Kolb’s experiential learning cycle can be used with many topics. One example is teaching epidemiology and infection control. This topic requires students to measure disease frequencies and spread, identify and use methods to control and manage disease spread. Currently I am designing problem-based cooperative learning via community service tasks in epidemiology and infection control. I feel this can make the learning experiences authentic and interesting to the students, and more importantly, relevant to their lives and worthwhile. The idea is to enable the students to address problems related to their field of study within their communities in a cooperative manner. All the other forms, listed above, are currently included in my teaching. But, as everything, continuous improvements are always sought.
problem-based cooperative learning via community service tasks:
One specific topic can be addressing the infectious risk of the livestock market of Alaqiq, Albaha, followed with proposing methods to mitigate these risks. The livestock market is located at the center of the residential areas, and near the farmers market, where fresh produce is sold. Contamination and cross-contamination of the fresh produce is a real risk that cannot be overlooked. In addition, the close proximity of the livestock market to residential areas can lead to the spread of many infectious diseases. The community is trying to find solutions currently.
The concrete experience that can be used include a filed visit, followed by sample collection. The collected samples can be analyzed in the laboratory for infectious microbes. The prevalence of various pathogens in the collected samples can then be calculated (this is a concrete epidemiological experience). They can now relate the results, for example, with the reported prevalence of these pathogens described in the theoretical part of the course, and the carrier status (asymptomatic) rates observed in other countries. Nonetheless, this is only the first stage of the experiential Learning cycle, That is, the “concrete experience”.
Subsequently, the students can write and discuss aspects of their experience to foster their reflective observation. Some real learning happen when students reflect on their experience. During their reflection, they can consider what are the reasons behind the spread of diseases, and the importance of studying the sources of infection, so they can start linking the current experience to previous ideas and concepts (a process called scaffolding). This will allows them to understand the meaning of their experience. That is, become producers of knowledge. They can also start to consider solutions. The discussion will also allow the students to use cognitive and emotional information from several sources (visual, auditory, kinesthetic, and tactile). To discuss the experience, the students will have to utilize the information they have, synthesizing and evaluating the data, and make meaning out of it all. In the end, reflection will enable the students to go beyond the original experience.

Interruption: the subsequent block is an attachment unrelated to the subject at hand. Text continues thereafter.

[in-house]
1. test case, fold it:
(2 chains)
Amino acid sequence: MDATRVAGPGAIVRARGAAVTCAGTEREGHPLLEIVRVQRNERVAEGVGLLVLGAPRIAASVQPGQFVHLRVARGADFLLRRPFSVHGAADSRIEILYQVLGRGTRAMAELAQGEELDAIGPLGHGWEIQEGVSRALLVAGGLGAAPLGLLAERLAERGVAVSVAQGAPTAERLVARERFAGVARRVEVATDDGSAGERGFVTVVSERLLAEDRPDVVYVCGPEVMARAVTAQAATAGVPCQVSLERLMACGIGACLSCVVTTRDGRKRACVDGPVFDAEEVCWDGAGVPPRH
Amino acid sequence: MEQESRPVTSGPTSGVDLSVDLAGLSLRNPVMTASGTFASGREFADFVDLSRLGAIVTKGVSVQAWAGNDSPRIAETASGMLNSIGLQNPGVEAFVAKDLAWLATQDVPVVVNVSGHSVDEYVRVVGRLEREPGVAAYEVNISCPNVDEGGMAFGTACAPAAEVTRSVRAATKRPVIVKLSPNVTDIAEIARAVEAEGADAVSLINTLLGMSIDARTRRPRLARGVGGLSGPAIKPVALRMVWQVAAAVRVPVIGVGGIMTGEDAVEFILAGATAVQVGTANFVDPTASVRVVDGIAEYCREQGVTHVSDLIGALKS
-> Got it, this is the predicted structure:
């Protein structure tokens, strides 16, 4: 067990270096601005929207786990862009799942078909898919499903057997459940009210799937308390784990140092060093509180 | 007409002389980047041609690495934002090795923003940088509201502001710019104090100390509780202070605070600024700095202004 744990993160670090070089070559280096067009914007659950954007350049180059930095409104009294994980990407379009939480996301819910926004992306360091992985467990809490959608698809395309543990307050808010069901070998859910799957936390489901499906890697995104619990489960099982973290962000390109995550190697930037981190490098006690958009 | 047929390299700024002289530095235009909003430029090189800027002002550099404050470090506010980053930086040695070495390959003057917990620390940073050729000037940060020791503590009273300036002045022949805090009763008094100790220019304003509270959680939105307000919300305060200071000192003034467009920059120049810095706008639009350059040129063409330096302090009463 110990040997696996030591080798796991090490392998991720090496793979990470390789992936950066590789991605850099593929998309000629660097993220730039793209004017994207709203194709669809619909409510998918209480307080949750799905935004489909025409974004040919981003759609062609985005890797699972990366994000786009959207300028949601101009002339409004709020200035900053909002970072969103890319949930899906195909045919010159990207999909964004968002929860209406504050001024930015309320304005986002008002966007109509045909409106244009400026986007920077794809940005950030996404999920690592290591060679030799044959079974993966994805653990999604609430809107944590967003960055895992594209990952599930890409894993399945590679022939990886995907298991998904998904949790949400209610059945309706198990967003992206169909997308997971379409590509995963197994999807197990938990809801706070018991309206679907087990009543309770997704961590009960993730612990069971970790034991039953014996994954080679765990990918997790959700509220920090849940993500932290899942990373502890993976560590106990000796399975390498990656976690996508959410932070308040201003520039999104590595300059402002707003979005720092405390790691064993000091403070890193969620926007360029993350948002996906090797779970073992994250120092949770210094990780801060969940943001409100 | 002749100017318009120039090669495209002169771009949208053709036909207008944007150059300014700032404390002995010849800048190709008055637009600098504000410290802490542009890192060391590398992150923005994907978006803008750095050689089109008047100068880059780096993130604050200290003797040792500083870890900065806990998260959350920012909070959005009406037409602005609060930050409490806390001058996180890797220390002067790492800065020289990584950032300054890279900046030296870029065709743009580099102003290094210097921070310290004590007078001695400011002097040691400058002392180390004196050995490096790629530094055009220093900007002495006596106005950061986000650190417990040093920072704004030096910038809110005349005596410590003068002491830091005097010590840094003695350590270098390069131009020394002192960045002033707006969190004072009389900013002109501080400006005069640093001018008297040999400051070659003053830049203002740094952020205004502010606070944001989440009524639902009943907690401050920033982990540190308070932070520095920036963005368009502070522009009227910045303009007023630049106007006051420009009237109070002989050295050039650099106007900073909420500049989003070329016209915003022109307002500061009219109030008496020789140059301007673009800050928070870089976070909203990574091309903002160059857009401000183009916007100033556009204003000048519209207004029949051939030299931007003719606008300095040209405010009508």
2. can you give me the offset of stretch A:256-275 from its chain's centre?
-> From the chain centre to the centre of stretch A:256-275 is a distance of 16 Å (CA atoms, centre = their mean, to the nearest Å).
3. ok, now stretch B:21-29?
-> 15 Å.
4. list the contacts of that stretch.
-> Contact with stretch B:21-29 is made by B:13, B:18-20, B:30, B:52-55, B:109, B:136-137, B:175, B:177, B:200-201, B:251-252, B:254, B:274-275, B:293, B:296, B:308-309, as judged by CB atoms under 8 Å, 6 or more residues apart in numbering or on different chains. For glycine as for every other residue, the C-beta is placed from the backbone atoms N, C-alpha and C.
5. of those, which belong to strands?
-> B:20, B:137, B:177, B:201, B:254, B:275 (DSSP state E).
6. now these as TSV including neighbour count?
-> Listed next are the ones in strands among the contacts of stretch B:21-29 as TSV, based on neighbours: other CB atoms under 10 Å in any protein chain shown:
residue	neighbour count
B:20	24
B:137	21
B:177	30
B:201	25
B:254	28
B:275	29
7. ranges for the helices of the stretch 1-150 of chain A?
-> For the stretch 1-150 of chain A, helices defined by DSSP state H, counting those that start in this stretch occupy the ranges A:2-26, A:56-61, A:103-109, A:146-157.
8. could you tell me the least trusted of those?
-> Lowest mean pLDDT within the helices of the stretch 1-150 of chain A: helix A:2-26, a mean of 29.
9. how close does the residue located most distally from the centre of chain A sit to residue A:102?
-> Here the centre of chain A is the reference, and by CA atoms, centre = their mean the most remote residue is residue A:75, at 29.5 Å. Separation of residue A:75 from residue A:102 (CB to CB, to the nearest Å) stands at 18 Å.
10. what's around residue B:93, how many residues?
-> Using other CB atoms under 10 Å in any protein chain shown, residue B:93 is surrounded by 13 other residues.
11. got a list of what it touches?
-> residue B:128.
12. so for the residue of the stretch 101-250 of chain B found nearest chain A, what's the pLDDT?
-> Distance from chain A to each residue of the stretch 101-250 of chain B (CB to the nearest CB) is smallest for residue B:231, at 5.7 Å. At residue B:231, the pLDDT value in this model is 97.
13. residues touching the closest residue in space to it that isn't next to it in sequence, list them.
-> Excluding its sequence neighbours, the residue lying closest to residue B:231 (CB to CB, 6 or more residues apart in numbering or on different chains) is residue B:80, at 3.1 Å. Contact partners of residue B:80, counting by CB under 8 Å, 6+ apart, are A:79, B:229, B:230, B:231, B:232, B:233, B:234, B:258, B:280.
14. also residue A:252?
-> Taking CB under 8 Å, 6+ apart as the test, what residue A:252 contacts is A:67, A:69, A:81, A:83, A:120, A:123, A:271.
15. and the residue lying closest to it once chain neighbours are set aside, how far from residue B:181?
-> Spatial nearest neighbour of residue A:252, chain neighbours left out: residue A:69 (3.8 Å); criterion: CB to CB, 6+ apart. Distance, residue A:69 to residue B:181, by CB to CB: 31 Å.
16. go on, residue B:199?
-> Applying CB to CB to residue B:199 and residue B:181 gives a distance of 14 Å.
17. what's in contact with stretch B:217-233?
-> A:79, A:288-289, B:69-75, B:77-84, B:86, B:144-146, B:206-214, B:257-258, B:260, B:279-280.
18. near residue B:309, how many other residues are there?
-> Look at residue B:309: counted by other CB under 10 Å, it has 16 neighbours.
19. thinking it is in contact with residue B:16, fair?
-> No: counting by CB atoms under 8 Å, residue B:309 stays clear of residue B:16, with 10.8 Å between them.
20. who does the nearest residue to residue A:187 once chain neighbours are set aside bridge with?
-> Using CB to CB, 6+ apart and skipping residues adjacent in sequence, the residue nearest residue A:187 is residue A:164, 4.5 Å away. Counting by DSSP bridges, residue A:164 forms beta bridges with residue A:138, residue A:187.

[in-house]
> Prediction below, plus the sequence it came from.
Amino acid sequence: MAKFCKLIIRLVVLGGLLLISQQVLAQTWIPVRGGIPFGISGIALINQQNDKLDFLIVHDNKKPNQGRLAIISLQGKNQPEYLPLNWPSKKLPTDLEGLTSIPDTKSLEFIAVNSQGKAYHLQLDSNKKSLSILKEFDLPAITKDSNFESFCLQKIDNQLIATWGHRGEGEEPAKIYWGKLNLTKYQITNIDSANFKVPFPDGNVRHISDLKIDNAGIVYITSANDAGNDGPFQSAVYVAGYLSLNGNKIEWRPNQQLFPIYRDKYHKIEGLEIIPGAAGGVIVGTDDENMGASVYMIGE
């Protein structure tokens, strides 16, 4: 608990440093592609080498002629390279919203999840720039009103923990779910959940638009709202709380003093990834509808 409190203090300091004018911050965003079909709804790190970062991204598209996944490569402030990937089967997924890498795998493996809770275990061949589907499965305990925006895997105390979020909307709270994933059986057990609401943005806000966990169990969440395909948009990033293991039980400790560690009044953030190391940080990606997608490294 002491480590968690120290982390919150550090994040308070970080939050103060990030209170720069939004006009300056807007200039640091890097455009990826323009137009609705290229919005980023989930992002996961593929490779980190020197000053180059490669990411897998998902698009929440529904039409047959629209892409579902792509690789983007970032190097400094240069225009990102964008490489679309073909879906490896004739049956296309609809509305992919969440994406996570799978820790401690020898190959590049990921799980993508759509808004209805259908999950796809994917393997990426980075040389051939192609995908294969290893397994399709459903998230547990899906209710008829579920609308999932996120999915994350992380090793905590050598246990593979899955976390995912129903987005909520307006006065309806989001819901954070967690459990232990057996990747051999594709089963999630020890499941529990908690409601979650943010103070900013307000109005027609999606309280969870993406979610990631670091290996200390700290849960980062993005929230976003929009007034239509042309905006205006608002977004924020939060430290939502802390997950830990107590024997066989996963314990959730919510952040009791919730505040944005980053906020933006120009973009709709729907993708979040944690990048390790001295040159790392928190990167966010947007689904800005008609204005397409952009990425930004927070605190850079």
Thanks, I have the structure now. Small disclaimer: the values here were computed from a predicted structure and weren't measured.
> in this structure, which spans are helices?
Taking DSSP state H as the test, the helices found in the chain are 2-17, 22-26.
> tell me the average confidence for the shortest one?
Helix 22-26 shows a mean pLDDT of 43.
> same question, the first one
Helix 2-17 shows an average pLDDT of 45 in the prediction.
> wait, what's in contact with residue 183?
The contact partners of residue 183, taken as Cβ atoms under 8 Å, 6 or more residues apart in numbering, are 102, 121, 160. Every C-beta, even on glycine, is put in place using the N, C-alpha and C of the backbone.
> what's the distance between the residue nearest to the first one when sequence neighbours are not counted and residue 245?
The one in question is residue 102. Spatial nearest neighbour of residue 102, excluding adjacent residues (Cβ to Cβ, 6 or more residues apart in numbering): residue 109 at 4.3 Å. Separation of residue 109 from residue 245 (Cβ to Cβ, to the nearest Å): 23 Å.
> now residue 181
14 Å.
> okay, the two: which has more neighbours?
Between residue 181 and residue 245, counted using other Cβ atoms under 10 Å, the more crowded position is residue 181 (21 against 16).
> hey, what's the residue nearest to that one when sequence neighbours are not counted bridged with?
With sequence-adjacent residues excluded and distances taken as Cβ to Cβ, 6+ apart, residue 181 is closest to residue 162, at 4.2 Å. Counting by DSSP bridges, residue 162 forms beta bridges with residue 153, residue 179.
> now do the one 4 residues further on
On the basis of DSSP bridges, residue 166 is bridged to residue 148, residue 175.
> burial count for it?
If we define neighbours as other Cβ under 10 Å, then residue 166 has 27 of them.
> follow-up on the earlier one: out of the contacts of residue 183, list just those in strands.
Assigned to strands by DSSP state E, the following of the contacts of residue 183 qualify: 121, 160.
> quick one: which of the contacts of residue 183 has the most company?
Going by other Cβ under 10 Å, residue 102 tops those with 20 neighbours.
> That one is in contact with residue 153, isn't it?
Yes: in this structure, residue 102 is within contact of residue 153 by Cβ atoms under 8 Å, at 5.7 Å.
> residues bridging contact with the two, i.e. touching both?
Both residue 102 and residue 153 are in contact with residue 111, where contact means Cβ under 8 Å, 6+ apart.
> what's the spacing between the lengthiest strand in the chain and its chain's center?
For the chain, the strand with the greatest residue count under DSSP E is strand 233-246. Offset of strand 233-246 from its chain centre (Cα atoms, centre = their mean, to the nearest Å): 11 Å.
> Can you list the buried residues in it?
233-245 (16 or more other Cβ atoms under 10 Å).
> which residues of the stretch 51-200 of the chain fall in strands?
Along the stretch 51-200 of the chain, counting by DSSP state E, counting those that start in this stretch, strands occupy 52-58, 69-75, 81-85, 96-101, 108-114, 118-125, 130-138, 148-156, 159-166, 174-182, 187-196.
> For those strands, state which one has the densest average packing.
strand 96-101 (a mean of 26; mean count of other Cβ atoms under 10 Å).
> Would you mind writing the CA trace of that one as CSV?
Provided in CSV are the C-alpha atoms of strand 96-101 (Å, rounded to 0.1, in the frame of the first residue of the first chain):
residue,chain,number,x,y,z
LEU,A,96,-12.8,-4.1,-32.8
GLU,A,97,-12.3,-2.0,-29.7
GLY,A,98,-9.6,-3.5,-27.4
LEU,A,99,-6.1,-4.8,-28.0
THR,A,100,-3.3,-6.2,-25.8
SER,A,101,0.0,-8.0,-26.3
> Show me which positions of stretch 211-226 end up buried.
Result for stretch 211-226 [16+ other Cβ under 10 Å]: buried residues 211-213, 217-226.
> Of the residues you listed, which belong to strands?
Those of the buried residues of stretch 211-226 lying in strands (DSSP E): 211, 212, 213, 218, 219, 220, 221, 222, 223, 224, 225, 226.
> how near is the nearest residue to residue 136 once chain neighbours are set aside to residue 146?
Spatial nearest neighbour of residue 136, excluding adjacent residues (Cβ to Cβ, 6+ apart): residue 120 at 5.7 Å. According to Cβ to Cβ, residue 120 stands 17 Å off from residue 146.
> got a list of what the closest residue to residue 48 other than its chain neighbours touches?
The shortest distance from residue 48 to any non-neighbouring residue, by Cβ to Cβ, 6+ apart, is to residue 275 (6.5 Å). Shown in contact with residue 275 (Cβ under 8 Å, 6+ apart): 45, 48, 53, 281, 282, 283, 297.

In addition, another activity can be added to aid students’ abstract conceptualization, which is, to ask them to synthesize a hypothetical scenario where the livestock market caused the spread of a serious zoonotic disease, and include the reasons why they think this is a potential risk, and what can be done about it.
The final activity, which is the active experimentation part of the cycle, can include asking the students to propose an action plan to avoid the spread of diseases, and presented it to the livestock market sellers for approval. This will increase students understanding of the value of their studies, and its relevance to the health and wellbeing of their own community, and the complexity of the issue at hand.
This way students are going to take with them real-life experiences and be more confident in the workplace after graduation to do their job. They awareness and understanding of the theory and its relationship with the workplace will be come more concrete.